Megan Williams case
The Megan Williams case involves a 20-year-old African American woman from West Virginia, who claimed to have been kidnapped, raped and tortured by six people, including several members of one family in a racist attack.
Among other things, the suspects were charged with stabbing Williams, dousing her with hot water, and forcing her to eat rat, dog, and human feces. In addition, the suspects were alleged to have hurled racial slurs at her while doing so. The torture and sexual assault was said to have been carried out for about a week. At the time of Williams' removal from the residence, widely circulated photos of Williams in the hospital showed stab wounds on her legs and her hair seemingly pulled from its roots.
Civil rights leaders, community activists and others asserted that the racial motive made the incident subject to prosecution under hate crimes statutes. Authorities did not initially file hate crime charges in the attack, but prosecutors did not rule out such a move down the road. When pressed on the possibility of such charges, authorities said that they were focused on the charges with the toughest penalties, noting that the maximum sentence for a hate crime was just 10 years. One defendant was convicted of a hate crime in the incident.
In October 2009, Williams recanted many of the accusations, including the accusation that the attack was racially motivated, against five of the defendants. However, she maintained that she was held against her will, sexually and physically abused, accusing Bobby Ray Brewster, whom Williams knew and had visited on occasion before the incident, of abuse. She was not charged with filing false charges.
Williams had a "social relationship" with Bobby Ray Brewster, one of the six initial suspects. Brewster was previously arrested on July 18, 2008, in connection with a domestic battery charge involving Williams. According to investigators, Williams may have been kidnapped immediately after he was released from jail August 2, when Williams visited his home to see him.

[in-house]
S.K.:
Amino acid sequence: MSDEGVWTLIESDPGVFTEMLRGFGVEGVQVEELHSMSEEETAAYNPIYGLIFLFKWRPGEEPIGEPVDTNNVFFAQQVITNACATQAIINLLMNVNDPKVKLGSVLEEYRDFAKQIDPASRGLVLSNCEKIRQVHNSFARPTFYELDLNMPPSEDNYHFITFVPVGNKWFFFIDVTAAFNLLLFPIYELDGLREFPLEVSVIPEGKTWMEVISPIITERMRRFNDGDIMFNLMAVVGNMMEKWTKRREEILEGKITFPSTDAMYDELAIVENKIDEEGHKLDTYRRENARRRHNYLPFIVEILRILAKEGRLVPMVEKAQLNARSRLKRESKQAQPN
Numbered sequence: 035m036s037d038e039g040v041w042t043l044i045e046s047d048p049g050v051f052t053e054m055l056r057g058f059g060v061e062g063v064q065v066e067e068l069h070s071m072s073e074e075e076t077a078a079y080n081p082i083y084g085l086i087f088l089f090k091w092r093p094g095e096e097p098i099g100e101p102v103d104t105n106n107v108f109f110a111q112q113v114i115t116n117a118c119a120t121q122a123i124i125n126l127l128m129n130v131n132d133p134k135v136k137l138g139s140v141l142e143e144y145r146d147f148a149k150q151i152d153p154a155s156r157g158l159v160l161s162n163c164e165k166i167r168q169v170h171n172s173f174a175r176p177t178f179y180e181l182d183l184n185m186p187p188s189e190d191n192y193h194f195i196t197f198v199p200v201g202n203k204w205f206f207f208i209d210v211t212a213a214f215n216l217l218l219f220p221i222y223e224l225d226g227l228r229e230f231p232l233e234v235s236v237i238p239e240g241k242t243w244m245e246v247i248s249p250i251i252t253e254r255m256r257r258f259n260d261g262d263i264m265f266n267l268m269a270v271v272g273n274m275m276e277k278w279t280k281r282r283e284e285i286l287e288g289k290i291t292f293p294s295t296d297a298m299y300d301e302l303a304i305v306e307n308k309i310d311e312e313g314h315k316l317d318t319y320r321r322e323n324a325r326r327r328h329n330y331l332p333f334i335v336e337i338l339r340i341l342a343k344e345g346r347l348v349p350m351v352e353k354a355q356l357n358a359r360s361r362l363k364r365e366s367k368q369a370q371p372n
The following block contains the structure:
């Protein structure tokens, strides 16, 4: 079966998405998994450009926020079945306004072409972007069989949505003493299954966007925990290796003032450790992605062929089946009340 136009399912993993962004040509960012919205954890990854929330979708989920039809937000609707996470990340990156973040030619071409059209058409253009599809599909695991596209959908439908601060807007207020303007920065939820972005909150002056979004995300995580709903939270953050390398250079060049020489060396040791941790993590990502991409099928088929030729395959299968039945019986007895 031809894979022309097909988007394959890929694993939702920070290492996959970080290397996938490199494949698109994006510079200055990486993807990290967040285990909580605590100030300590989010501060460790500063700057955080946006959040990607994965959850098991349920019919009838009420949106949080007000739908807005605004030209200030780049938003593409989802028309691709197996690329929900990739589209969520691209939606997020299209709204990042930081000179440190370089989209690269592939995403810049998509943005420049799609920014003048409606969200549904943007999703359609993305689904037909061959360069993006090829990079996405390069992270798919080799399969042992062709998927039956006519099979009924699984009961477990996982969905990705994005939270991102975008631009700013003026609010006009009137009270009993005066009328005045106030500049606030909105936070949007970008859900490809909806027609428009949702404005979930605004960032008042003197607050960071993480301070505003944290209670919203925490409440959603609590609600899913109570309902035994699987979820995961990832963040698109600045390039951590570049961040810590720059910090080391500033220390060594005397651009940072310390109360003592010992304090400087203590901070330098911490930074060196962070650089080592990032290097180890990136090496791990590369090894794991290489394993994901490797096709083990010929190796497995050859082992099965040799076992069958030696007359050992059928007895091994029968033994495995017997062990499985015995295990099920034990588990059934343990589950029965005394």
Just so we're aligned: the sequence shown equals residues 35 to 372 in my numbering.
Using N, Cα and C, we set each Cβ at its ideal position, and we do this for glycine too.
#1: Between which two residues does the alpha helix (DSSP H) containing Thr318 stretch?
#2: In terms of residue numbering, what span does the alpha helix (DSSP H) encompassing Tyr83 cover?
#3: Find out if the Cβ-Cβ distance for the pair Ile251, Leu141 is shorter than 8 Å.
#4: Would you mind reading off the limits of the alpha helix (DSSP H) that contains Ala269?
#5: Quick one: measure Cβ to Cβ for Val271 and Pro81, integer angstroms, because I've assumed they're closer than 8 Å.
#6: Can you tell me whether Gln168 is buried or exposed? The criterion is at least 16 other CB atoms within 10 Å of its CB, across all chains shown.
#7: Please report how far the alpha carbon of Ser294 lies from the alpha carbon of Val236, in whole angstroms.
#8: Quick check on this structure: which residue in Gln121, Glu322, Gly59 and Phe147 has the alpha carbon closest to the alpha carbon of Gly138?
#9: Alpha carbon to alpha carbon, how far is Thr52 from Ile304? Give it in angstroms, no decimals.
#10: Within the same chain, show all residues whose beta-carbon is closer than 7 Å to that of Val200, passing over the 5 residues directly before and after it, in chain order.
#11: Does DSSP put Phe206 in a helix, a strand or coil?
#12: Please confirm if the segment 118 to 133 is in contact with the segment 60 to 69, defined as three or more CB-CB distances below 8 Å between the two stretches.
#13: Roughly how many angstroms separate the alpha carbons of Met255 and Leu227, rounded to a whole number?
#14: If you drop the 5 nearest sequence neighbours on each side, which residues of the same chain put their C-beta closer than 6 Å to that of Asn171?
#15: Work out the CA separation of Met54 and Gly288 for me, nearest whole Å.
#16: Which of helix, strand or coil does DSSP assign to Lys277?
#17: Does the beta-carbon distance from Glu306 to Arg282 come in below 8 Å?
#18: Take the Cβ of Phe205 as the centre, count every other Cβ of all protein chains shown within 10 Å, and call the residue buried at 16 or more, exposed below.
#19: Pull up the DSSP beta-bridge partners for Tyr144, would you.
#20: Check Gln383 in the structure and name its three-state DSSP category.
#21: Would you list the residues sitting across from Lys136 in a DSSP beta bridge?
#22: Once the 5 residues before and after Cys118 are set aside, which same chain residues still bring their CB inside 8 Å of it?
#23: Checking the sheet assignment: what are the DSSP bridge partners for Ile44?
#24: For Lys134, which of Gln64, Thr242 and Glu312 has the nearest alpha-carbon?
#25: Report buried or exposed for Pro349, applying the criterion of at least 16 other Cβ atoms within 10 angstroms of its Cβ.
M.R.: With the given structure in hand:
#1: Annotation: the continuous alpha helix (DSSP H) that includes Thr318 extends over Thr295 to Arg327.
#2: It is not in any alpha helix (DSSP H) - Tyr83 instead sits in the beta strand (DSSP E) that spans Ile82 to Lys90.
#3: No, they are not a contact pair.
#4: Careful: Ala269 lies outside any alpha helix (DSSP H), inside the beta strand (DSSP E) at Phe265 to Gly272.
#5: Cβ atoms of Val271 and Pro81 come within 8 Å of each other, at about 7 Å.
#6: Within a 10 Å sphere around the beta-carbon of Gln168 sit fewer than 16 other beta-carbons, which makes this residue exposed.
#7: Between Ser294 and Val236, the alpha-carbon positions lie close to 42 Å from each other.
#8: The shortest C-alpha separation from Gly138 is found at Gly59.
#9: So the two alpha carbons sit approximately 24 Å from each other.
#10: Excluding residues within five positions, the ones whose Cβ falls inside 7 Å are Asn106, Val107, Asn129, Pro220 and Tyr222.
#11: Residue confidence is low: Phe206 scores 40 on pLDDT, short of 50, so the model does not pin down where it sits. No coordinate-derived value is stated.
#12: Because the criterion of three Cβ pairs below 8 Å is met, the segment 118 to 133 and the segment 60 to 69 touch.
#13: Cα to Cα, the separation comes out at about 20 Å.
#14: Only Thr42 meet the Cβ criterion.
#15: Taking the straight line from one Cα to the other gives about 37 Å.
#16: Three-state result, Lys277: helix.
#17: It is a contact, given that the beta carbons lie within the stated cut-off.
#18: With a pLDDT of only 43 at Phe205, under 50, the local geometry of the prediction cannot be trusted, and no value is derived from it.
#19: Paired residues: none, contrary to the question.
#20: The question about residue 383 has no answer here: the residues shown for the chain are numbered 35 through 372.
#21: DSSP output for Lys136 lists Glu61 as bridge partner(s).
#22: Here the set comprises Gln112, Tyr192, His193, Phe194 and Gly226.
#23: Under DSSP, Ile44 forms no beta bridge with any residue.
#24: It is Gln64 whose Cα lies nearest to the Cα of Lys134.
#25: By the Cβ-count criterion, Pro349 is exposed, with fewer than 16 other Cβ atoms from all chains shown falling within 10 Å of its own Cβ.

Megan Williams' account of events and legal case
Williams claimed she was set up to be held by the six suspects under the assumption that she was going to a party. "When I first went up there, a girl I knew named Christa, she took me up there, she said we were going to a party. She said she had to make a run and she would be right back. She didn’t come back."
Bobby Ray Brewster and five other suspects including his mother, Frankie Lee, 49, Danny Combs, 20, George Messer, 27, Karen Burton, 46, and her daughter Alisha, 23 were all charged with kidnapping, the most serious charge that can carry up to life in prison upon conviction. They were all also charged with at least one count each of first-degree sexual offense, which if convicted, could carry a sentence of up to 35 years in prison.
On October 11, 2007, charges against Karen Burton were sent to a grand jury. Charges included kidnapping, first degree sexual assault, malicious wounding, assault during the commission of a felony and 13 counts of battery. Charges against the other five suspects are expected to reach the grand jury in January.
In February 2008, Alisha Burton and George Messer both pleaded guilty to assault and kidnapping and were sentenced to 10 years each.